As I told the USFWS SAs I didn’t know what the whole intent behind the AZGFD snaring project was. By the virtue of AZGFD hiring McCain for the snaring project were they after a jaguar? Or, because they allowed McCain to set snares in known jaguar territory and leave them open after Macho B was detected in the area, plus the availability of the jaguar collar, it all seemed to add up to me that a jaguar capture was on someone’s radar and wish list. McCain had even talked about snaring a jaguar back in October. But, it wasn’t until Davis went to McCain with my statements and McCain outright lied about the use of scat did I realize something wasn’t right, most likely in a legal sense, and that was furthered when Davis and Stellar told me that it was questionable if AZGFD had a permit to intentionally capture a jaguar. As I wrote to a friend in an email during this time: “Apparently, Game and Fish only had a permit for an ‘accidental take’ of a jaguar during any other field study. With the element of scat and a photograph in the area that implies intent and there was no permit issued for Macho B. Thus violation of Endangered Species Act. If you know any good juju chants, now is the time to say them.”

So at this point, April 1, 2009, I believed McCain was a deceitful, evil mastermind that set up Macho B’s illegal capture and that is the prism I viewed him through for the next several years.

Janay Brun, Part 1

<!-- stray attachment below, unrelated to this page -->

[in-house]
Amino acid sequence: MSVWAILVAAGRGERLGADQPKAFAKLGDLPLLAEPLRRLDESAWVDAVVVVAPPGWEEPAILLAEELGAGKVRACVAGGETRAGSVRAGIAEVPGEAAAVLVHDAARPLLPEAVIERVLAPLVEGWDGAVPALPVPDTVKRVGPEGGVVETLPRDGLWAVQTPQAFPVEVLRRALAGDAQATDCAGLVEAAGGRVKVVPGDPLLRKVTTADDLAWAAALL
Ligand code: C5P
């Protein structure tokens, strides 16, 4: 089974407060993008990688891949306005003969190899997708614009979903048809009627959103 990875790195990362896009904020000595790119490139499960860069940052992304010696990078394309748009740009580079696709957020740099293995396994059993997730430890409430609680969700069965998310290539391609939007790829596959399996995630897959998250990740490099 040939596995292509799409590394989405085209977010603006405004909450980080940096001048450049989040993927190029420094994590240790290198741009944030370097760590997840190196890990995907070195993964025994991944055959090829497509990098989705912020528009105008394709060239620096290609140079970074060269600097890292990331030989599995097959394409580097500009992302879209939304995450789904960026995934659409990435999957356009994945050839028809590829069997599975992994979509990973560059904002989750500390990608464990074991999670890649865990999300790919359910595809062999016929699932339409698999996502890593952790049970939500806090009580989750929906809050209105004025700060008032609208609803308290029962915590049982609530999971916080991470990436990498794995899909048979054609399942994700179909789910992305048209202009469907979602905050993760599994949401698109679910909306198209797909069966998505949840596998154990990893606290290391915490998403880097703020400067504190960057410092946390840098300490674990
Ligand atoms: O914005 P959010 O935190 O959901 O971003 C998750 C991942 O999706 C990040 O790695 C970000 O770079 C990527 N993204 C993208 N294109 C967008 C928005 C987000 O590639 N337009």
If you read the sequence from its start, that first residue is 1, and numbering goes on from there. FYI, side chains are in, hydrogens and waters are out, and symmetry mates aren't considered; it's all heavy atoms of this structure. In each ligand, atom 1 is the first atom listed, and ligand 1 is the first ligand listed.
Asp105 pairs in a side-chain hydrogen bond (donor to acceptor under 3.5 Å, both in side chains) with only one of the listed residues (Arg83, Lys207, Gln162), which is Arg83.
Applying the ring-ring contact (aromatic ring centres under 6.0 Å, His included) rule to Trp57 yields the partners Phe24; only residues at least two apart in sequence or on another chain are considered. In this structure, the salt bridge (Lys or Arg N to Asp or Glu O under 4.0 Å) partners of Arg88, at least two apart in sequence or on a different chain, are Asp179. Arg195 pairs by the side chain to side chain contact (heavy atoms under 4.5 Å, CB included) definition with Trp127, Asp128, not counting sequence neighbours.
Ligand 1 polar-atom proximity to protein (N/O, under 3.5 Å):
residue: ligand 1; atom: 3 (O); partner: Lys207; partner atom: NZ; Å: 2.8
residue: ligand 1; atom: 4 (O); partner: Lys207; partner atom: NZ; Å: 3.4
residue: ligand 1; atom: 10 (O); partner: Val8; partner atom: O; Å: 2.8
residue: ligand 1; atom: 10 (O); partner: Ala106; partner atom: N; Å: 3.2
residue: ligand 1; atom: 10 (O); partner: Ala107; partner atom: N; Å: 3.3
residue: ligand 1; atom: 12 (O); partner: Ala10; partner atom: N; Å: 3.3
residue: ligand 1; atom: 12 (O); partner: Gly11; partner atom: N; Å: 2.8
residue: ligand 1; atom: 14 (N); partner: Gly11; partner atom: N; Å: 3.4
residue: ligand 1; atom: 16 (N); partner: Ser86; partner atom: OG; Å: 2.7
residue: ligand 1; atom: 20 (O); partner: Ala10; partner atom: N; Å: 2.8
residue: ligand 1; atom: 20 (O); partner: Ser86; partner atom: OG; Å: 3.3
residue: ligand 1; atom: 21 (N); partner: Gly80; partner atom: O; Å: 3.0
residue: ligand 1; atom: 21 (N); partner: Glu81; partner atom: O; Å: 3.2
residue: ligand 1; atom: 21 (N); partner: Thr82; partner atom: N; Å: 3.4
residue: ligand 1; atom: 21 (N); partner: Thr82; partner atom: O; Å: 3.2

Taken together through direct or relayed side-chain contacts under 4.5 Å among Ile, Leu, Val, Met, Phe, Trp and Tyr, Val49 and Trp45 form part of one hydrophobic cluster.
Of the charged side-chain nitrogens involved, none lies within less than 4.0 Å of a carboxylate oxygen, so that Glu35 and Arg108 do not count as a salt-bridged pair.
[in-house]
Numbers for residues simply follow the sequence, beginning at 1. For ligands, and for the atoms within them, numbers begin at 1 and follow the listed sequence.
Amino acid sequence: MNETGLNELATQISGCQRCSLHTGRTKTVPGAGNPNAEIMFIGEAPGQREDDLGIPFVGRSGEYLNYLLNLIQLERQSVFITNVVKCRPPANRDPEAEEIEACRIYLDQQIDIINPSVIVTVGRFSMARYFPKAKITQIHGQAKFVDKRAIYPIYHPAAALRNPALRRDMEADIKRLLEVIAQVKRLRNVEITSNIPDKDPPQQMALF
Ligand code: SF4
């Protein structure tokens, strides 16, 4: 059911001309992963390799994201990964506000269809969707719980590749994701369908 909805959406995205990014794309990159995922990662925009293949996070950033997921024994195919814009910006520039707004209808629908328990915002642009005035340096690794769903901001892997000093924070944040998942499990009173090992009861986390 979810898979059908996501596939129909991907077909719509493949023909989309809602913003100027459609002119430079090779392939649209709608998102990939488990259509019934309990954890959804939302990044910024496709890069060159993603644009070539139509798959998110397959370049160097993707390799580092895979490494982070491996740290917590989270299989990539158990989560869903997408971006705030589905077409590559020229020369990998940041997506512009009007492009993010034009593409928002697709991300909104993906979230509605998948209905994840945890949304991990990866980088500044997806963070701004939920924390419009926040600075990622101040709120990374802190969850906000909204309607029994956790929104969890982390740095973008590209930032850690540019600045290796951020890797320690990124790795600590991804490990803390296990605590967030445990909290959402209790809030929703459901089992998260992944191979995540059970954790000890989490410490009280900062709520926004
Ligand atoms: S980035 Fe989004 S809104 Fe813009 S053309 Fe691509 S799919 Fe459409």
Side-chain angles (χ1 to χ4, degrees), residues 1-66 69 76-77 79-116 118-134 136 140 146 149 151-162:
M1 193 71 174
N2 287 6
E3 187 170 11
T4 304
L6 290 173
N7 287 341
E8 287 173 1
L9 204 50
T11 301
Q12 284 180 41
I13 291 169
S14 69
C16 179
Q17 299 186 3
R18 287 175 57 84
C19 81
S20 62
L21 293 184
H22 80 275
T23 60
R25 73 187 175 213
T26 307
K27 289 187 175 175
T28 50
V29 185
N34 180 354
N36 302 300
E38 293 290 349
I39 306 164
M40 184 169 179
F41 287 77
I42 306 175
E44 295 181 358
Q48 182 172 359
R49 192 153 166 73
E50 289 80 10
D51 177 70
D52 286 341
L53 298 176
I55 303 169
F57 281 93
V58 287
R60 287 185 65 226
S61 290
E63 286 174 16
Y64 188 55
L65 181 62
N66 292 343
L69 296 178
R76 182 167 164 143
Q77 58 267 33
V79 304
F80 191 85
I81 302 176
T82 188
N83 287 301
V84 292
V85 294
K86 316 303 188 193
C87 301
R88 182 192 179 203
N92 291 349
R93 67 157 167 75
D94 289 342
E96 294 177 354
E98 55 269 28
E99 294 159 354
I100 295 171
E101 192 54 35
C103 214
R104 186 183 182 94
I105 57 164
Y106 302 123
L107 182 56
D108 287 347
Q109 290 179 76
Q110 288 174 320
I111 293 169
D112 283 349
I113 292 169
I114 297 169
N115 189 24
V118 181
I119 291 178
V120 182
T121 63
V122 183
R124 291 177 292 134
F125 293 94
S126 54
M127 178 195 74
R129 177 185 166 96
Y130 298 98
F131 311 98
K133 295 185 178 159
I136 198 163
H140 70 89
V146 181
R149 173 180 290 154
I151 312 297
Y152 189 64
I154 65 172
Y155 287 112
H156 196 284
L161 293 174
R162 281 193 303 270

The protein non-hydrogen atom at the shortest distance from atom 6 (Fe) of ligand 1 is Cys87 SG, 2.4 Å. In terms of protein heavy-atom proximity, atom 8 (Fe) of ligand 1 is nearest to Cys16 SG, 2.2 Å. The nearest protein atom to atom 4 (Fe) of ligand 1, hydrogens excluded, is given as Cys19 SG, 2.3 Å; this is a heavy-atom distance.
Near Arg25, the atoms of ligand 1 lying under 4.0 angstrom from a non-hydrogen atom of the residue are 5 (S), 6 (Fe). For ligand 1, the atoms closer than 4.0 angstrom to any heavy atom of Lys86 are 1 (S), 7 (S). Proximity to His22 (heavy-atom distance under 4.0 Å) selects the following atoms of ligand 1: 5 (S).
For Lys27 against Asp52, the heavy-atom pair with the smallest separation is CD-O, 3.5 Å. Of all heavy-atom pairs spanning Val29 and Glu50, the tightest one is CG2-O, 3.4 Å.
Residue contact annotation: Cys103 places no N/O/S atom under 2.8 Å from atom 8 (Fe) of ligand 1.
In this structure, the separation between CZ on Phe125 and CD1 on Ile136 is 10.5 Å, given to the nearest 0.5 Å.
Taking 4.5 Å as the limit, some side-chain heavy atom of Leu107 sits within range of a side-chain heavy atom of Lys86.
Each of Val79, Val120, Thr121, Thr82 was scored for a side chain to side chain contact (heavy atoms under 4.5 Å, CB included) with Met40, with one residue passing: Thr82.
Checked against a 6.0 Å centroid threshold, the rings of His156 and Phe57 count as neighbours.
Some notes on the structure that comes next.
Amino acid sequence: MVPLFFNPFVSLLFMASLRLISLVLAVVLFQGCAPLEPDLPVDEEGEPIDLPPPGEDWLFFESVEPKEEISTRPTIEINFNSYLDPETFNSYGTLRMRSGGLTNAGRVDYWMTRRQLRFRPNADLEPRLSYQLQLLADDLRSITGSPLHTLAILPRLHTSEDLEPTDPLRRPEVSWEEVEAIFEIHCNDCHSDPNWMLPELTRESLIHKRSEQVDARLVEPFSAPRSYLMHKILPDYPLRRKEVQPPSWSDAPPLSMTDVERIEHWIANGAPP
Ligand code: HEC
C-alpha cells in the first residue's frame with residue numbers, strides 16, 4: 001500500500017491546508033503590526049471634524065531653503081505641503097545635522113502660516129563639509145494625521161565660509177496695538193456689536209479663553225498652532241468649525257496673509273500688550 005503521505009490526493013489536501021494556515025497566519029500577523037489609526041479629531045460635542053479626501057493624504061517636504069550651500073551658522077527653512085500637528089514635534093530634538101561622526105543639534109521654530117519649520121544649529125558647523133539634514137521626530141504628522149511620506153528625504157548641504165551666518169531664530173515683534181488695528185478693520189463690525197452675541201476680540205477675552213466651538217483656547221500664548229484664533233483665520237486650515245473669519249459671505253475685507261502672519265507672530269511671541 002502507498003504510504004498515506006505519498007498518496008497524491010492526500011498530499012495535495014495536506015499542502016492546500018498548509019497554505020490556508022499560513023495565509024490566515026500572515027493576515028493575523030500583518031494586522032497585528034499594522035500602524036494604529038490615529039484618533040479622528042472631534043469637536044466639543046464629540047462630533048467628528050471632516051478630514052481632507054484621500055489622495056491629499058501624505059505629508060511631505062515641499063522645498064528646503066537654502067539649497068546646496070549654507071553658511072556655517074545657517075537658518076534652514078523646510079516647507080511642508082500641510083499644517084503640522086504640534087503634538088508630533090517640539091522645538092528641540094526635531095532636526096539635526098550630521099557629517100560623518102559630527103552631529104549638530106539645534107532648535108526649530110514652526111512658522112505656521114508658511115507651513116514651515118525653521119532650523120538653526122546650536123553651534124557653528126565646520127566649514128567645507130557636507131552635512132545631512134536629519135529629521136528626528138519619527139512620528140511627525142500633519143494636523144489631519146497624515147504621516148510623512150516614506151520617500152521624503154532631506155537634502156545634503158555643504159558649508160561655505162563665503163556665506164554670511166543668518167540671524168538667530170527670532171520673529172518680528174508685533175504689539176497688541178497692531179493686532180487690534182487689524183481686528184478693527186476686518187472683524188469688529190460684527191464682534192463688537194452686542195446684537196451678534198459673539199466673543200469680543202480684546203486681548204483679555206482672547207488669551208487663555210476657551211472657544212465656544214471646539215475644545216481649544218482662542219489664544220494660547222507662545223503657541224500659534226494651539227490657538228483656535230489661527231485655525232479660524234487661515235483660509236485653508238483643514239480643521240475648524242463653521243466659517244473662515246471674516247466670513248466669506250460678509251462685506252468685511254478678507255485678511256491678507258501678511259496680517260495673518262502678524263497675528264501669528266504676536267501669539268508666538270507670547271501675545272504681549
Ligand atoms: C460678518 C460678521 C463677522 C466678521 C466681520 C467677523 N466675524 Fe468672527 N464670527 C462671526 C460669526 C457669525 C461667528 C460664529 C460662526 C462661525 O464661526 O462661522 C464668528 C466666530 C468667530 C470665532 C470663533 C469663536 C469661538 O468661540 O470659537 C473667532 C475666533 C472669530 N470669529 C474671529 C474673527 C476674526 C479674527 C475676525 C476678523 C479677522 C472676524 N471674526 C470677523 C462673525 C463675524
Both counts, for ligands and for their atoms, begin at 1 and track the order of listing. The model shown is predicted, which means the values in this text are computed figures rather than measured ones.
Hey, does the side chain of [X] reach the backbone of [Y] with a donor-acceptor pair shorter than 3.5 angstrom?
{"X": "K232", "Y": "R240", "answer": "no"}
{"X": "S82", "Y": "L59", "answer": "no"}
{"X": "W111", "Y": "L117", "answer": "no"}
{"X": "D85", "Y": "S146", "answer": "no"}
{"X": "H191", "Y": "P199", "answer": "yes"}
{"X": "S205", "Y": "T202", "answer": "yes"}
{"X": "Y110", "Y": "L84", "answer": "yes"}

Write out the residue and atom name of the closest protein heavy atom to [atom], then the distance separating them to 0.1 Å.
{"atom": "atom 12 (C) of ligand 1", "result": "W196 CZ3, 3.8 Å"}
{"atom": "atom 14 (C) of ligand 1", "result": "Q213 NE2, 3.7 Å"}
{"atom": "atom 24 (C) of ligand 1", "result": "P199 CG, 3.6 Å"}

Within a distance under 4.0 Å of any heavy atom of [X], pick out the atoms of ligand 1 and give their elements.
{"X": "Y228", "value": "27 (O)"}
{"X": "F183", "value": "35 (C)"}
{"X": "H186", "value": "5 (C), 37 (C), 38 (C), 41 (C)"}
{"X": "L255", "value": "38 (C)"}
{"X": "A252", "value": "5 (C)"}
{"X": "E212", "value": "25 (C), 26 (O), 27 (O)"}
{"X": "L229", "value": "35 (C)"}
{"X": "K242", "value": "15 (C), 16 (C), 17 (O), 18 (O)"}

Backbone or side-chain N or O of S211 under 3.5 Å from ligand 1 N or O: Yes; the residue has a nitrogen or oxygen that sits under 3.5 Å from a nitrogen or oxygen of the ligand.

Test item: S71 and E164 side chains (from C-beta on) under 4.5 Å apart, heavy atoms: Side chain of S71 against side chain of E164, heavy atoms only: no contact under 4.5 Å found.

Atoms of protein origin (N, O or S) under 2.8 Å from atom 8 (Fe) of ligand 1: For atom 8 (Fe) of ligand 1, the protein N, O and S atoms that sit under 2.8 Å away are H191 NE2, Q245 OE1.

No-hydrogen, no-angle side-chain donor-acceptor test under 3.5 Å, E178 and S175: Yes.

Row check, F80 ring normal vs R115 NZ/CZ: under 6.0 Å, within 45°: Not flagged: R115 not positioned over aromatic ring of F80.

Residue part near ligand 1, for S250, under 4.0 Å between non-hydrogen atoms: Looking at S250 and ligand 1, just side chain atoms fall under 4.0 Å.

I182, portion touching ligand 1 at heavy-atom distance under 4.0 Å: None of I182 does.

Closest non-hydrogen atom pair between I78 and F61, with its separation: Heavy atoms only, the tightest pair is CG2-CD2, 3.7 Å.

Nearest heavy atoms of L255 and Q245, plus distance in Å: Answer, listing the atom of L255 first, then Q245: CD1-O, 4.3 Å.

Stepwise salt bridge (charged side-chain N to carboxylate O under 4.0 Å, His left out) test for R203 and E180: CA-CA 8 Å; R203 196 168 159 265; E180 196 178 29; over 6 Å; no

March 29, 2009: I emailed Tony Davis of the AZ Daily Star with the following information: the AZGFD snares set for their lion/bear project were placed in a canyon known to be utilized by jaguars; that a two week old picture of Macho B was retrieved on Feb, 4 and that BJDP camera site was just a few miles away from the AZGFD snares opened/activated on the same day; I was told to place female jaguar scat obtained from a zoo at cameras and the snare that eventually caught Macho B; Macho B’s tracks were found on Feb. 5 in the canyon where the snares were activated but the snares remained opened for several more days then were closed for a few more and then once again, reopened/activated at which point Macho B was snared a few days later; Macho B was hypothermic at his capture; I described the snare tree and finding pieces of his claws embedded in the bark; and I talked about the snare being referred to as a “kill snare” by experienced trappers (I had spoken with a neighbor whom used to be a professional trapper) because circulation is cut off to the extremity snared, there is no adequate padding on the snare to prevent further injury to that extremity (i.e. cutting into skin) and large mammals are known to exhaust themselves, some to the point of death, to get free.